Water Transport by Rail is Cheap!

Today I came across a news article saying water is being transported to drought-affected villages in Latur district through Indian railways.

I was fascinated by the idea.

It further read, single train ferries 50 BTPN tanks (wagons) and that each wagon can carry a capacity of 54,000 litre of water.


BTPN Water tank (wagon) Image credits: heilindia.com

So, that’s like saying a train carries 27 lakh litre of water from Kota to Latur (roughly 1000km apart)

I became further fascinated to learn the feasibility in extending such services in terms of cost of transport.

I learned, that Indian railway uses WDG4 diesel locos to power the goods wagon. In the FAQs section of Indian railways it was mentioned that it takes roughly 2 to 3 locos to ferry 58 BOXN wagons.


BOXN Wagon image credits: Indianrailways

I researched more about WDG4 engine, to find that latest one in the series is WDG9 and it can single handedly carry 60 wagons at an average speed of 75kmph!

So, it worked out that it takes two WDG4 engines to power 50 wagons in a train.

As for WGC4, the engine costs close to 12 crore rupees, and gives a mileage of 0.25km/litre of diesel.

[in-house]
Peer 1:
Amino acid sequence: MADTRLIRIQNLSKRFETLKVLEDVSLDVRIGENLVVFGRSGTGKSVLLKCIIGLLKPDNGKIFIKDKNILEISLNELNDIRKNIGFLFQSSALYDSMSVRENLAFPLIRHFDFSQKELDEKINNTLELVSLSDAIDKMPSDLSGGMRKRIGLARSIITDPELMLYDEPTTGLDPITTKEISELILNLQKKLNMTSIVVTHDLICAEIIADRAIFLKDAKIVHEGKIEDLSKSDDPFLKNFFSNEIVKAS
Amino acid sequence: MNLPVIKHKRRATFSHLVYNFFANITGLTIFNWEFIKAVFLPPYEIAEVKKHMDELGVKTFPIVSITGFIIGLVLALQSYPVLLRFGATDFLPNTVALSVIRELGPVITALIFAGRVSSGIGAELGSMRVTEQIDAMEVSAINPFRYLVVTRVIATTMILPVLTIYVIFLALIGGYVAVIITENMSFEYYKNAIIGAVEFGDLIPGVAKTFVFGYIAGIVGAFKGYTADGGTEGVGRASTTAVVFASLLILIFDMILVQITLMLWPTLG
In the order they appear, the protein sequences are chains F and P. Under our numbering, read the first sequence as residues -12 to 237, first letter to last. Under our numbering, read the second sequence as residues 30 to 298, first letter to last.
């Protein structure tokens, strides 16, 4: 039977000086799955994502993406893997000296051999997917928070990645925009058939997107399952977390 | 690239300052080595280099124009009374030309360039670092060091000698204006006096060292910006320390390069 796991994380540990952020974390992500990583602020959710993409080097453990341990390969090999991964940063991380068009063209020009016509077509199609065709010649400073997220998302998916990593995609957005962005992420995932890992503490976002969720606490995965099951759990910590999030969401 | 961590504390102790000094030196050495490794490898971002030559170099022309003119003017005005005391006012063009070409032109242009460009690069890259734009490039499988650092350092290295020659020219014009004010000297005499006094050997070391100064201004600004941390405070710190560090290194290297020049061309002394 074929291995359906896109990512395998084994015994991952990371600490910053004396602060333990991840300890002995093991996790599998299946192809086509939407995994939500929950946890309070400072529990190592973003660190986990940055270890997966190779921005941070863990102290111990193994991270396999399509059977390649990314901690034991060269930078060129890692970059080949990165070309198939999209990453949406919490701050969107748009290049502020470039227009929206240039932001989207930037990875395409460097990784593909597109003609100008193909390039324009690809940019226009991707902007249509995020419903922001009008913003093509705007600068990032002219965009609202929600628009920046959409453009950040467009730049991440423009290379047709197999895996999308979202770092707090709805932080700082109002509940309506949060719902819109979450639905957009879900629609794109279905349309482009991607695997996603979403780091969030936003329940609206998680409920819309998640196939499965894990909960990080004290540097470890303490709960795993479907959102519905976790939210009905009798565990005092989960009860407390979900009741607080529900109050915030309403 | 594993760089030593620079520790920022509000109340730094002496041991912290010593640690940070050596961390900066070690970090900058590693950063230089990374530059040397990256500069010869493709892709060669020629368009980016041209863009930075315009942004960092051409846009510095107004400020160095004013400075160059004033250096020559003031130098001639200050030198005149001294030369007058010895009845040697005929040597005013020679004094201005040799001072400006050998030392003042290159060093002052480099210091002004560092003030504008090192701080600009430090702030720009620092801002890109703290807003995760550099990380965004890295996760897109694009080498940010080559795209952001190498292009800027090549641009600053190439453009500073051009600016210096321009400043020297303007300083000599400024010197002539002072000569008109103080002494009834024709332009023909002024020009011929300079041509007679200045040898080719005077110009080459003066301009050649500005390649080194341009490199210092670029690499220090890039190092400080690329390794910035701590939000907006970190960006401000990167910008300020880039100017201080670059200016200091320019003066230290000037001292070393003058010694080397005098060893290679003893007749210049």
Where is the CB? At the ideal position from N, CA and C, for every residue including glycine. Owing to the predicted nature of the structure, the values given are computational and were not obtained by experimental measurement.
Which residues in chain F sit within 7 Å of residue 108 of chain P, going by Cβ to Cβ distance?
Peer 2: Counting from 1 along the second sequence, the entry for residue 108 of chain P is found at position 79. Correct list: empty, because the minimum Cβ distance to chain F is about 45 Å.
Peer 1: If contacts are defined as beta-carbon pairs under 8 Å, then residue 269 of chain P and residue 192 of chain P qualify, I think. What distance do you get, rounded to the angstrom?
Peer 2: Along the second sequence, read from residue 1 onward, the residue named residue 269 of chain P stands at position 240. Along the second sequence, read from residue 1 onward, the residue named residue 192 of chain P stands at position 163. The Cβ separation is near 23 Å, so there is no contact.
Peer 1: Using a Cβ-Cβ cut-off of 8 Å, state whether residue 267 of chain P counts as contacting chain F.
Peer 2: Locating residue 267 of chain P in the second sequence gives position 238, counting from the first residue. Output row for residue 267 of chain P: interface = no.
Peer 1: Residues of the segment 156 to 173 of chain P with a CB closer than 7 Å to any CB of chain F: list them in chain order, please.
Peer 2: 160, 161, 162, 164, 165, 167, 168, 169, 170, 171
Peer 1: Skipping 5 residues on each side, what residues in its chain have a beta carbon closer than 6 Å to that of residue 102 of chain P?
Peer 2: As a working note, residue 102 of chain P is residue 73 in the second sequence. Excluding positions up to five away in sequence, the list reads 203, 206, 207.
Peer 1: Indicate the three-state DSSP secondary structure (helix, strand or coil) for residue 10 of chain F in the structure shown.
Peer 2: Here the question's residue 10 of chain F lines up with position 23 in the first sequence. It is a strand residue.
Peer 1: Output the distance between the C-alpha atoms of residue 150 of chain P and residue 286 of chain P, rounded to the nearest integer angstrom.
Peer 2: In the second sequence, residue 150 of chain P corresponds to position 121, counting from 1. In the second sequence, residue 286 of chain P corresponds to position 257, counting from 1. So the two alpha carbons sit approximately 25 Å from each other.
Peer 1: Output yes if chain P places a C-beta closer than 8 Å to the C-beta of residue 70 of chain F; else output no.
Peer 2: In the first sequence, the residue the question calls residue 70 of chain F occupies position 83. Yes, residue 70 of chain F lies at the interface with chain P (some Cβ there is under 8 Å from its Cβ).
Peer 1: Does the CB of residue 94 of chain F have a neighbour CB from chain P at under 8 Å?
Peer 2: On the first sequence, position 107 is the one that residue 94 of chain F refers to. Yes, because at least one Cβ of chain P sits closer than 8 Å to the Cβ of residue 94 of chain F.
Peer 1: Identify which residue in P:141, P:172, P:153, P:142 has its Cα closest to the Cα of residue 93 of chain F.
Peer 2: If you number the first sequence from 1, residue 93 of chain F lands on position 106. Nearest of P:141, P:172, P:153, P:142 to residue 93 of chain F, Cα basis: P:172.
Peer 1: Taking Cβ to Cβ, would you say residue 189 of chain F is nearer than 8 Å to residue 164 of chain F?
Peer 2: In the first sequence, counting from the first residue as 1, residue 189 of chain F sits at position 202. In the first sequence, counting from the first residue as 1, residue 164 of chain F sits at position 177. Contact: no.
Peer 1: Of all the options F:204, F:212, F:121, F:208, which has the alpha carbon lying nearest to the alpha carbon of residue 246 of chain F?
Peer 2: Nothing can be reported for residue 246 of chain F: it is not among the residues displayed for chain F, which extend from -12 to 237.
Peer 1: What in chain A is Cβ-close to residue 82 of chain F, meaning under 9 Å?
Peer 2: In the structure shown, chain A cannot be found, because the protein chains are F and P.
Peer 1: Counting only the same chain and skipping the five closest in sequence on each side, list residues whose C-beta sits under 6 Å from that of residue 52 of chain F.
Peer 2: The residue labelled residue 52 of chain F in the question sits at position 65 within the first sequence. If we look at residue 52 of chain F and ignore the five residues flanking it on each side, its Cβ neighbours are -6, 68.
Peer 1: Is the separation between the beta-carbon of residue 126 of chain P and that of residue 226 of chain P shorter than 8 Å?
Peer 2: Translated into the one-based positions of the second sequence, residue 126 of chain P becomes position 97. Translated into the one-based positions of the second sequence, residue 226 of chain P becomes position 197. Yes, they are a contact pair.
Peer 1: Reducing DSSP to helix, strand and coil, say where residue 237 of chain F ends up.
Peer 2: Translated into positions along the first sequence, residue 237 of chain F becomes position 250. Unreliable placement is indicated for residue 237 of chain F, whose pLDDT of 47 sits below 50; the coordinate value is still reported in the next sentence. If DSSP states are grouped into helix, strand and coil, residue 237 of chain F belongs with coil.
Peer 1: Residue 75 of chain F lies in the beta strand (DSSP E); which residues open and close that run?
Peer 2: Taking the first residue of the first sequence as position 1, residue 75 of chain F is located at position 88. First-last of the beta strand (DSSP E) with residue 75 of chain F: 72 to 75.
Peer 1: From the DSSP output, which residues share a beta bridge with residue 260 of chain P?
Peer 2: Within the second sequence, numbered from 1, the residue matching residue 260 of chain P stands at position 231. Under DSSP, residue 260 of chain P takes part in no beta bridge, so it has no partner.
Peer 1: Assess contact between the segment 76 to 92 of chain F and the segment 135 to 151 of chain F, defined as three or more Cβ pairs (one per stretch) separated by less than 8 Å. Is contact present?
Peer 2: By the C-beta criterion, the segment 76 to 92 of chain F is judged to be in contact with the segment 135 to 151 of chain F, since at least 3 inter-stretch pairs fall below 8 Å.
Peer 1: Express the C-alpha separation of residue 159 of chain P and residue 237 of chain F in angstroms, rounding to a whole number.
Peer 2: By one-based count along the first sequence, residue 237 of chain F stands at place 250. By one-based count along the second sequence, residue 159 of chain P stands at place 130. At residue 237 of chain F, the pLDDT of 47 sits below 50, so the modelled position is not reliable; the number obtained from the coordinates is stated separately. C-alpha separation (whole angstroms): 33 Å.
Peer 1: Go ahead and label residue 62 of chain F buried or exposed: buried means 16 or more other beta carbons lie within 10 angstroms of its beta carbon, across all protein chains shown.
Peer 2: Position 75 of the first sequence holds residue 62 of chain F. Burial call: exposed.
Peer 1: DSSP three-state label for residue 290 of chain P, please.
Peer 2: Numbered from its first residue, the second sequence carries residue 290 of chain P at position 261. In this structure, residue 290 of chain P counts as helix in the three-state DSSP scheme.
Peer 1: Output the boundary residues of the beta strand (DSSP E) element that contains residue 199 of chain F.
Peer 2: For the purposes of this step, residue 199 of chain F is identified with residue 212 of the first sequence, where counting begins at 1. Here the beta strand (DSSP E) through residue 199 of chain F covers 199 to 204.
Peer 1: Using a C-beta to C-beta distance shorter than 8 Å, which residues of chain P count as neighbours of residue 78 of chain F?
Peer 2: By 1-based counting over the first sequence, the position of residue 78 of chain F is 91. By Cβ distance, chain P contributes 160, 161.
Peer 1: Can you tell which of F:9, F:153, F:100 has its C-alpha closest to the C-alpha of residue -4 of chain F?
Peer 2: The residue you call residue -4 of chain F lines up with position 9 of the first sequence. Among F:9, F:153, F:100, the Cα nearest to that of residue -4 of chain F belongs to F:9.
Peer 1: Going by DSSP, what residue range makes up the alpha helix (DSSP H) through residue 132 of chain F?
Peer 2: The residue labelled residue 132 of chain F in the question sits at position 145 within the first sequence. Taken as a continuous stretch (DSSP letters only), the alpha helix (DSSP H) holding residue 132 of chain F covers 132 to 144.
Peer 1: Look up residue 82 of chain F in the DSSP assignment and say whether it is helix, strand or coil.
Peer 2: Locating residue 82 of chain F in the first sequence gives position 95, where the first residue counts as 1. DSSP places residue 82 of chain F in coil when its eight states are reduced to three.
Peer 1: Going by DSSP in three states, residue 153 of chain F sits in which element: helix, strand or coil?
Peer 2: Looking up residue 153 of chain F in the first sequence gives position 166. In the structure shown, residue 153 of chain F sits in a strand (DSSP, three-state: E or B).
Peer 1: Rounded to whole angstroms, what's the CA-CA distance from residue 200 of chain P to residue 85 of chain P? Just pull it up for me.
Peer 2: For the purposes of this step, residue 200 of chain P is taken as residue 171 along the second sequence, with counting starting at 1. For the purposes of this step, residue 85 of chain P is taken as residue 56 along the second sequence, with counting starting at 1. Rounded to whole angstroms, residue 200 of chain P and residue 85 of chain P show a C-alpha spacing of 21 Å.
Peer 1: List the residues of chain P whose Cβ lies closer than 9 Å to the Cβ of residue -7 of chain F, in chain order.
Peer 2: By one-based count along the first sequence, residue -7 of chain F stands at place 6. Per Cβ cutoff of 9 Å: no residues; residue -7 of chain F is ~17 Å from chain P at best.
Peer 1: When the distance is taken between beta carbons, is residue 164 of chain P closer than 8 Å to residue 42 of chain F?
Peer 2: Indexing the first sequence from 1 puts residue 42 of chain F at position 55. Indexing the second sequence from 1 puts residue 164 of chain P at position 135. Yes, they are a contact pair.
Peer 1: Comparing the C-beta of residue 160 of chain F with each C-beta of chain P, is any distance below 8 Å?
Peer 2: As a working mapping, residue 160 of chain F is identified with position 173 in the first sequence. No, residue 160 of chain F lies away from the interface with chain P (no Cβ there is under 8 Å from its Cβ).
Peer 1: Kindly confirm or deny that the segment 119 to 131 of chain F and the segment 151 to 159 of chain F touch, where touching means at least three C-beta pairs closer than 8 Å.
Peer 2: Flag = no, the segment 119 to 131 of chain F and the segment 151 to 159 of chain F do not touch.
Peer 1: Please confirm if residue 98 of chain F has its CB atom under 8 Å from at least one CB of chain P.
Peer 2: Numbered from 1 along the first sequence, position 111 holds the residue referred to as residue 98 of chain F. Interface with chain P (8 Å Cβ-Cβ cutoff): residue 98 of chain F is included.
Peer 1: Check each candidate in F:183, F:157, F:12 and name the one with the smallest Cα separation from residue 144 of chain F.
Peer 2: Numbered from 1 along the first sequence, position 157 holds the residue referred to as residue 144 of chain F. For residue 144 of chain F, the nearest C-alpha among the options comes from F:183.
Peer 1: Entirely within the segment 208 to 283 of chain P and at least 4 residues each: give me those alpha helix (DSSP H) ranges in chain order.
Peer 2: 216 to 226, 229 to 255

Thus, it takes 4000 litres of diesel for a WDG4 engine. And two of these would takes 8000 litre of diesel.


WDG-4 Engine Loco

Setting diesel price around 50 rupees/litre, it takes roughly 4,00,000 rupees of diesel to transport 27 lakh litres of water for 1000km.

The cost in terms of water turns out to be 5-7 litres per rupee

Thus, the cost of transporting water for 1000km is roughly 100-140 times cheaper than packaged mineralized drinking water sold over the counters.

Of course, I am missing other variables like human labour cost, maintenance cost, cost in terms of time and other resources like assets.

But, I simply undertook all other variables other than diesel as “for-granted” as railway will not hire extra human labour for moving one train on a track, nor invest additional track maintenance for the sake of one train or needs to invest in additional asset-buying, as both WDG4 engines and BTPN tanks are in abundance with Indian railways.



  1. Pingback: Water Footprint of India | Green Ride Bikers

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